By: Christine Anastasia
As we make our way to the end of February in a COVID year, I’ve been keenly interested in learning about how working parents will broach the topic of their careers in the next iteration of life within COVID times now and beyond. For all intensive purposes, we are not through the woods and many companies are still crafting their policies and practices with how to return to their offices safely, efficiently, and effectively. Without everyone vaccinated, there is also big disparity among employees that desire to go back to the office and others that have found a new breather in their home life to balance some of the things that stressed them pre-covid, like a commute. As many companies are still remote at this time, many are beginning to crack the “where do we go from here?” questions around working parents and taking into an account the larger issue of #Wellbeing and #Mental Health in the workforce. It’s not a linear process and it’s quite multifaceted. What is interesting to me, and I hope working parents will ask the question:
Is there a life beyond 9-5 that you can dream up?
As I think about where we are in this current climate of figuring out what is next beyond 9-5 hours and a 40 hour work week, I can’t help to think about Ruth Bader Ginsburg and her impactful breadcrumbs that she left for all of us to path the way for working parents to create a way that prioritized family life while also moving along in your career track and aspirations. Ruth Bader Ginsburg was the model we working parents needed.
Ruth created a schedule in her life that intentionally moved her from “work” to “family” life. Of course, it didn’t change the fact that her life was very full and she was exercising her brain power in both home and work life, she thoughtfully planted a seed for all of us as working parents to create boundaries.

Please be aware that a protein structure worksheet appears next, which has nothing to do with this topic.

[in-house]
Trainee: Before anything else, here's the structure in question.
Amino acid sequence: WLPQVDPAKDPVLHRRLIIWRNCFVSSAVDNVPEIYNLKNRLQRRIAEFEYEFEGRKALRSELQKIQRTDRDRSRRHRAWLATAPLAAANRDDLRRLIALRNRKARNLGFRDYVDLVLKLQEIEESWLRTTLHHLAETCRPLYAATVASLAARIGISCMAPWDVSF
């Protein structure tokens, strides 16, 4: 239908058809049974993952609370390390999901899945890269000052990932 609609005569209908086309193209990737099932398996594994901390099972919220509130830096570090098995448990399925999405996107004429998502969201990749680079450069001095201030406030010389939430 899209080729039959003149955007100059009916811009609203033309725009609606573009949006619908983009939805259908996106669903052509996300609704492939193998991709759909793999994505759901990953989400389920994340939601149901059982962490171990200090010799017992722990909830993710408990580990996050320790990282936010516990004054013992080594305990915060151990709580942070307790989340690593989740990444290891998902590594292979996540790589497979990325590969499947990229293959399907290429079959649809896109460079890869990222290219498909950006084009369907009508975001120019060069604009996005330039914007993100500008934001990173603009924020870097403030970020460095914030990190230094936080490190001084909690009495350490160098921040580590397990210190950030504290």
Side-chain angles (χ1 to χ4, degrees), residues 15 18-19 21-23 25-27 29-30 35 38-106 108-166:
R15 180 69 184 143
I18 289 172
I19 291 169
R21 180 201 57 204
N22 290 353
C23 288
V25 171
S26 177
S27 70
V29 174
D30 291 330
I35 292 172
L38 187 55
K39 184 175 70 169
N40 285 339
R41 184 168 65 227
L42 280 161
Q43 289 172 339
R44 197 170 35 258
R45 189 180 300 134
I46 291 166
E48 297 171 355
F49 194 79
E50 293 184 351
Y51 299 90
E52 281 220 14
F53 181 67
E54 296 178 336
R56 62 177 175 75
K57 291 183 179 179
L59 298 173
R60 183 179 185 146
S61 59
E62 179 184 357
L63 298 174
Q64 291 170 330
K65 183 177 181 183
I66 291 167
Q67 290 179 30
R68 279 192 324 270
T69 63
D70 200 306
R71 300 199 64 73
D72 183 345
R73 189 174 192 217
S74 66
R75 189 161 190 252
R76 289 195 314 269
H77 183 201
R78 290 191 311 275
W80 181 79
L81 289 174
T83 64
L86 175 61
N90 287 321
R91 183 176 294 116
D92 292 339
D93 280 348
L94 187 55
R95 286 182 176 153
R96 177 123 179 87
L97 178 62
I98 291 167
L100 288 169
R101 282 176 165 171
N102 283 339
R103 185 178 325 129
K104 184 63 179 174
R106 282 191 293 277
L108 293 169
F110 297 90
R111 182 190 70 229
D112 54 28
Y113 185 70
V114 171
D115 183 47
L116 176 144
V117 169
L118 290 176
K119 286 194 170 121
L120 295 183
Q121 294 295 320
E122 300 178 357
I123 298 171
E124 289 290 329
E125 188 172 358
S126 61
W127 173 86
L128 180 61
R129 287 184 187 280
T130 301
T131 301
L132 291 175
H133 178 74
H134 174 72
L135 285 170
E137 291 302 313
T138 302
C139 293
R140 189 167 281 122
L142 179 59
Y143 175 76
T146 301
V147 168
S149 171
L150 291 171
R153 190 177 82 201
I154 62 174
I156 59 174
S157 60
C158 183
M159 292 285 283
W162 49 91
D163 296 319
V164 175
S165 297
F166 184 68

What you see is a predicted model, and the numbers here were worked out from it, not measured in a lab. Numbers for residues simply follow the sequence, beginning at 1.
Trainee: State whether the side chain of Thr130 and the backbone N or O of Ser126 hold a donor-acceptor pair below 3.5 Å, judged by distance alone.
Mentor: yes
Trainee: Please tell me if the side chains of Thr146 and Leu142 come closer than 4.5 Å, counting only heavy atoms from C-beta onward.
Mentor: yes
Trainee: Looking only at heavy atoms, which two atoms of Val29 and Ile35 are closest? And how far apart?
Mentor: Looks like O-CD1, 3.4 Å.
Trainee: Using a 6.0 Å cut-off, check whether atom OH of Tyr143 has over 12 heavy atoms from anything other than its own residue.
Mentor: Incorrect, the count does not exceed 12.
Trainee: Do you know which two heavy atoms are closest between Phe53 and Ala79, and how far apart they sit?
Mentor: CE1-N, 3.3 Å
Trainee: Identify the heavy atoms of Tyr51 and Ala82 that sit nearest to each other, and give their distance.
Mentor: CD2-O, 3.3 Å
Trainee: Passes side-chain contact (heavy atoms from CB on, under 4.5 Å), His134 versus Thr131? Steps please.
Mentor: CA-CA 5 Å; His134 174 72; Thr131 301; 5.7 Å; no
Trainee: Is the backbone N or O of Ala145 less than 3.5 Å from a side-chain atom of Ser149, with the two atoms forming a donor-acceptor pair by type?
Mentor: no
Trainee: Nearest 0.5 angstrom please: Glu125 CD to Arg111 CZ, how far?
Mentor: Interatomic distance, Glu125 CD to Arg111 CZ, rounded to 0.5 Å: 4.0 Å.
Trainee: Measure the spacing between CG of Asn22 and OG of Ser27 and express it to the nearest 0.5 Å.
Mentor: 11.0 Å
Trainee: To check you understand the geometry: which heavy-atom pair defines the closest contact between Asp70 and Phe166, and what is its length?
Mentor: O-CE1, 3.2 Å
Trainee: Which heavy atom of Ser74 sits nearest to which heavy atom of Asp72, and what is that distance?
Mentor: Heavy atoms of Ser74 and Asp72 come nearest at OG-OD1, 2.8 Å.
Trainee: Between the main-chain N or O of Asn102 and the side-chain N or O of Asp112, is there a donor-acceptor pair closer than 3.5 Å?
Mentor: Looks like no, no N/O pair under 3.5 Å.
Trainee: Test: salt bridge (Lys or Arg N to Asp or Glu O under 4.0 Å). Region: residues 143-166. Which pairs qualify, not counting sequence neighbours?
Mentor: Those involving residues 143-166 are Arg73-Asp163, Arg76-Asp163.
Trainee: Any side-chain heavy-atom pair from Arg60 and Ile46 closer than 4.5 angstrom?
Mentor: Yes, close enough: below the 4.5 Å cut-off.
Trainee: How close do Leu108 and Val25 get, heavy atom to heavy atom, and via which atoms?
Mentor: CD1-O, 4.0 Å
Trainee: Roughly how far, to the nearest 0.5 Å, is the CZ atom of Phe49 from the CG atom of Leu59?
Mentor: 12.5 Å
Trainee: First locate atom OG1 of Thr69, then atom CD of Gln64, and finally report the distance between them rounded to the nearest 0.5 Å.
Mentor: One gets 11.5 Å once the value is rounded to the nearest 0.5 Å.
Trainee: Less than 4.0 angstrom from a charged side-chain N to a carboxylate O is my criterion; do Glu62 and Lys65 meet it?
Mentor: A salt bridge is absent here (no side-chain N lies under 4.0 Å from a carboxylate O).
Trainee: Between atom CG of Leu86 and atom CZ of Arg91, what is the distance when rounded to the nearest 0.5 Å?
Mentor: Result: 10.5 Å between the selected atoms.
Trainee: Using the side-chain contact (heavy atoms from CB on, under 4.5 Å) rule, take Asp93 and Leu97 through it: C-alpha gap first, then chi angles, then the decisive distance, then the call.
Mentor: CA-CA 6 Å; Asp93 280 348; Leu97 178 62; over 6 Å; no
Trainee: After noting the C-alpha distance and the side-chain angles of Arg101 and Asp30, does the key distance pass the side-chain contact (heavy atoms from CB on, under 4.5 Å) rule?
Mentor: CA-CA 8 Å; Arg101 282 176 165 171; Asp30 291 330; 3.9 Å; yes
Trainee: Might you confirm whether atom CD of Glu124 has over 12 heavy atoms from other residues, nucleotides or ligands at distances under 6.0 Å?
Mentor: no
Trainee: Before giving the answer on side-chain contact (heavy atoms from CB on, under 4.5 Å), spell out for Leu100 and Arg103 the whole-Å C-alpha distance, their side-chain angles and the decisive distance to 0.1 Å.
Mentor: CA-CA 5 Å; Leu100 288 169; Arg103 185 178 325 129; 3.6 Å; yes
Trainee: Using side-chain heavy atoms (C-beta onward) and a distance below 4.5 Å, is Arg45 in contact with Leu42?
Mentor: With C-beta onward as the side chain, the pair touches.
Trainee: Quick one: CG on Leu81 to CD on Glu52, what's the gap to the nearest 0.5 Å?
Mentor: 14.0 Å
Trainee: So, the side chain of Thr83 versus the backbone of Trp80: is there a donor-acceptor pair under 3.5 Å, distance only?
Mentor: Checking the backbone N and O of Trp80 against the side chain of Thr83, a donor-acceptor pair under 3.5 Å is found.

I think she still gives us a lot to think about today of where we are in our “work lives” and where we go with our passions, joys and careers. I feel she weaved them in a way to support her, and I urge all parents to find and create that for yourself and your family. There is no better time to do that than now.
Quoted by Ruth - She was a pioneer in creating work - life integration…
“When I started law school, my daughter Jane was 14 months. I attribute my success in law school largely to Jane. I went to class about 8:30, and I came home at 4 o’clock. That was children’s hour. It was a total break in my day. And children’s hour continued until Jane went to sleep. Then, I was happy to go back to the books. So, I felt each part of my life gave me respite from the other. …Having Jane gave me a better sense of what life is. ”
Ruth Bader Ginsburg had a healthy way of managing work and home life and I thought I’d bring that to light.
As a working parent, she did the following:
Valued Work - Ruth valued career and the intellectual stimulation and learning it brought.
Not every working parent has this situation but we do have some control over making boundaries.
The tides are changing now. It’s an invitation to create another way. Sometimes as working families, we are all so deep in our “daily grind”, it’s hard to come above water to realize there may be a better way that supports our family as a whole. And that concept creates success and a thriving approach to living in our homes, communities and workplaces. Our lives are not crafted to be overwhelmed, stressed and mentally drained. In this Covid year that has been so challenging, we all have taken stock of our wellbeing for better or worse and mental health should also be prioritized in the jobs and careers we choose. I hope as a working parent, you begin to think about ways that might support you, your family and your kids in a holistic way.
I’m happy to connect with you on this journey!
Learn More about Christine and ways she is supporting moms like you!
Top Image: Natasha Hall on Unsplash
RBG Image: Washington Post